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Transport and the Olympic legacy: driving innovation

Katherine Aitchison17 September 2012

So. The Olympics. What a nightmare for the transport network that was right?

Oh no, sorry, that’s what I was expecting to write a couple of months ago. Back when the Olympics were a big black mark in my diary when I would be unable to get to work or the supermarket or even out of my front door due to the millions of extra people London would be hosting.

And apparently 97% of Londoners agreed with me. Only 3% of the city’s population felt that the transport network would cope with the added demand of the Games. But we were all wrong; everything ran smoothly, events started on time, no athletes were lost at Bank station never to be seen again and (perhaps most importantly) commuters were able to keep on commuting.

So what can we learn from the employment of public transport during the Games and how can this shape the network of the future? (more…)

Why do we hold separate Paralympic and Olympic Events?

news editor17 August 2012

 By Ruth Somerville, Leonard Cheshire Disability

“We’ve had the biggest marketing campaign in the station’s history for the Paralympics. And the viewer response? I’ve never seen anything like it! ” Dan Brooke, Director of Marketing and Communications, Channel 4

You can see it in the near sell-out ticket figures, on the advertising billboards, and in the headlines about ‘Blade Runner’ Oscar Pistorius competing at the Olympic Games. 2012 has seen the Paralympics – originally founded as a completely separate, or ‘parallel’ Games – race towards the mainstream.

At UCL’s  ‘Why do we hold separate Paralympic and Olympic Events?’(13 August), there wasn’t a spare seat in the room. I had gone because, like many people mystified by the complexities of Oscar Pistorius’ Olympic bid (and because I work for a disability charity), I really, really wanted to find out definitively what a ‘combined’ Games actually means.

With a brilliantly chosen panel of experts covering everything from logistics (Mark Dyer, London 2012 Olympic Delivery Authority) to broadcasting (Dan Brooke, Channel 4) to sports and disability theory (Dr P David Howe of  Loughborough University, and Professor Nora Groce of UCL), I had very high hopes for enlightenment…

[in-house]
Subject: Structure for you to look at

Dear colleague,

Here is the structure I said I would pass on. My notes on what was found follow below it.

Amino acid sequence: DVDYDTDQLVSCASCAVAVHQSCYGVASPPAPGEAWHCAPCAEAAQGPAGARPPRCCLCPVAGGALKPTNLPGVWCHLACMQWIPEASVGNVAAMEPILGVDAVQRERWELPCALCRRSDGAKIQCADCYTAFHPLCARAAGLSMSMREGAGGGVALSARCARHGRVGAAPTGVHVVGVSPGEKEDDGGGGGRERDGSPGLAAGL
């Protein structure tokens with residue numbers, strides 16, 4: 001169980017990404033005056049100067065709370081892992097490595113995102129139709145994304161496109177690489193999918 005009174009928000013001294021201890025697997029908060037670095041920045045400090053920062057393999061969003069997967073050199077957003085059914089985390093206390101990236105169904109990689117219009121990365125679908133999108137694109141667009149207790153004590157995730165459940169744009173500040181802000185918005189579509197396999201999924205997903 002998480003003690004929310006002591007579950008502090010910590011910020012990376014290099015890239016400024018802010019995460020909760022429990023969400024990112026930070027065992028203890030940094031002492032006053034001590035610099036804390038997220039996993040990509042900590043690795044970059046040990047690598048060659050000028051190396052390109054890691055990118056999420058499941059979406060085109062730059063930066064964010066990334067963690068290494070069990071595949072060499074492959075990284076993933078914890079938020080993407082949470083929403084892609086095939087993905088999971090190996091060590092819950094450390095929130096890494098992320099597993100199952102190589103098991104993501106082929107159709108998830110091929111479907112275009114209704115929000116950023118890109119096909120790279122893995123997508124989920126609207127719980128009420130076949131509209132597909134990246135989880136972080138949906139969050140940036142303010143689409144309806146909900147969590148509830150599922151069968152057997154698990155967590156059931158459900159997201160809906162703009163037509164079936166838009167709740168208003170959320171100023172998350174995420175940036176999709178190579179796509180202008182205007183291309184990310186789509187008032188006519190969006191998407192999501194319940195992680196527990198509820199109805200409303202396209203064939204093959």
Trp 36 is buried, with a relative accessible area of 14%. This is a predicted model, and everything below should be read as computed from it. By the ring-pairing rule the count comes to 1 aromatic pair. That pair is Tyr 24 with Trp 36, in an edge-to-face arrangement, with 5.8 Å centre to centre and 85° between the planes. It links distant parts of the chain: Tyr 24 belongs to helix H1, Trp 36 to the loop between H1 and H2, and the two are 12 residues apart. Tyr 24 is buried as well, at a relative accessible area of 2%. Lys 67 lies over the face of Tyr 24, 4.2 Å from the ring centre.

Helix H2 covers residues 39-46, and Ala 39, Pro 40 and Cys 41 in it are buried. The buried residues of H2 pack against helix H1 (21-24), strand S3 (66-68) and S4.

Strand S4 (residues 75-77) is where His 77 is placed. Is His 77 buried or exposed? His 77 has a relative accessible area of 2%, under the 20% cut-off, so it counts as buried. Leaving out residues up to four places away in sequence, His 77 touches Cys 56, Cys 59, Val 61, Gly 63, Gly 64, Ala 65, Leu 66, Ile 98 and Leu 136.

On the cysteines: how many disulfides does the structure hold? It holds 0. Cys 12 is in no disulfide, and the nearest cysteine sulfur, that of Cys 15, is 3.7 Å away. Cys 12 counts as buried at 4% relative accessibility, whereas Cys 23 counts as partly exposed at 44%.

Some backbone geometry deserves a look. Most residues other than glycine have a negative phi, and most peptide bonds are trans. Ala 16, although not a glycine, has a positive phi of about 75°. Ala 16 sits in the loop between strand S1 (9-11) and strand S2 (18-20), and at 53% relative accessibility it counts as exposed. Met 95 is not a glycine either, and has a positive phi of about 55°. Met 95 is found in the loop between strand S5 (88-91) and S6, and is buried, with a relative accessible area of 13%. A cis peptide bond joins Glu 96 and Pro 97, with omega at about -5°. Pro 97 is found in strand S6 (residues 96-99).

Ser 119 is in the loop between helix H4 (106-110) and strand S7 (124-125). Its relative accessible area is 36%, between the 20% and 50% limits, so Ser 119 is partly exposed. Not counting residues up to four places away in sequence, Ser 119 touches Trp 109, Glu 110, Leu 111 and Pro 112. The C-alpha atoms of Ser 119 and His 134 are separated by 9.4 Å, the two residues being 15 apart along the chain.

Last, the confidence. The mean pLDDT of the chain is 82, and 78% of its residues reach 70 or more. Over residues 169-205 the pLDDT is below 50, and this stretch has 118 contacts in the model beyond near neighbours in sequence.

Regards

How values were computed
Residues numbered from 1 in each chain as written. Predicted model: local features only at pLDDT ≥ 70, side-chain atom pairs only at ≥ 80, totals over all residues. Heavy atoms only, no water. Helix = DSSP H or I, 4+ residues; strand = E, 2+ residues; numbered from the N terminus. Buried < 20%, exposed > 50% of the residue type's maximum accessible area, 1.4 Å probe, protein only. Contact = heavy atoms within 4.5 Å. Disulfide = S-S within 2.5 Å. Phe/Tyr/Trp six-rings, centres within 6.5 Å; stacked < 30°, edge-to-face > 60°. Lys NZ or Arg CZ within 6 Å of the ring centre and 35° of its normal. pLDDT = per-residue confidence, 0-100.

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Embracing failure

Katherine Aitchison27 July 2012

Once a month, something beautiful happens in a dark room behind the Wilmington Arms pub in Islington. Now don’t let your imagination run away with you – I’m talking about Bright Club, the alternative comedy night from UCL.

On this night, researchers, academics and otherwise serious folk gather in the tiny room and, for two hours, tell silly stories and generally make fun of their chosen careers.

The event is understandably popular; tickets had sold out and I was glad that I got there early enough to grab a seat on a rickety wooden bench. By the time the metaphorical curtain went up, there were people leaning on all the walls and my bench was surrounded by those who had been further back in the queue and were forced to stand through the acts.

Each month’s gathering has a theme and the chosen topic for July was “Failure” in order to tie in with UCL’s series of Olympic-themed events, Exercise your brain. The idea being to take the edge off all the talk of winning and medals inspired by the Games by celebrating the fact that not everything always goes according to plan.

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What can the Olympic Games do for you?

Katherine Aitchison16 July 2012

This summer, the Olympic Games are coming to London (in case you hadn’t heard) and with them a huge focus on sport and exercise throughout the country. But how does this investment in sport affect you average non-sporty person?

That was the question posed to a panel of experts at the UCL Institute of Sport, Exercise and Health Grand Round on 10July entitled Optimising Performance: success for our athletes, health for our nation.

Held as part of UCL’s “Exercise your Brain” programme to tie in with the Olympic Games, the panel included Sir Clive Woodward (Director of Elite Performance, British Olympic Association), Dr Mike Loosemore (Team doctor, Great Britain Olympic boxing) and UCL’s Professor Hugh Montgomery and Professor Mike Grocott.

All of the panellists were there to convince us that investing in sport research can have far-reaching benefits throughout the health industry.

(more…)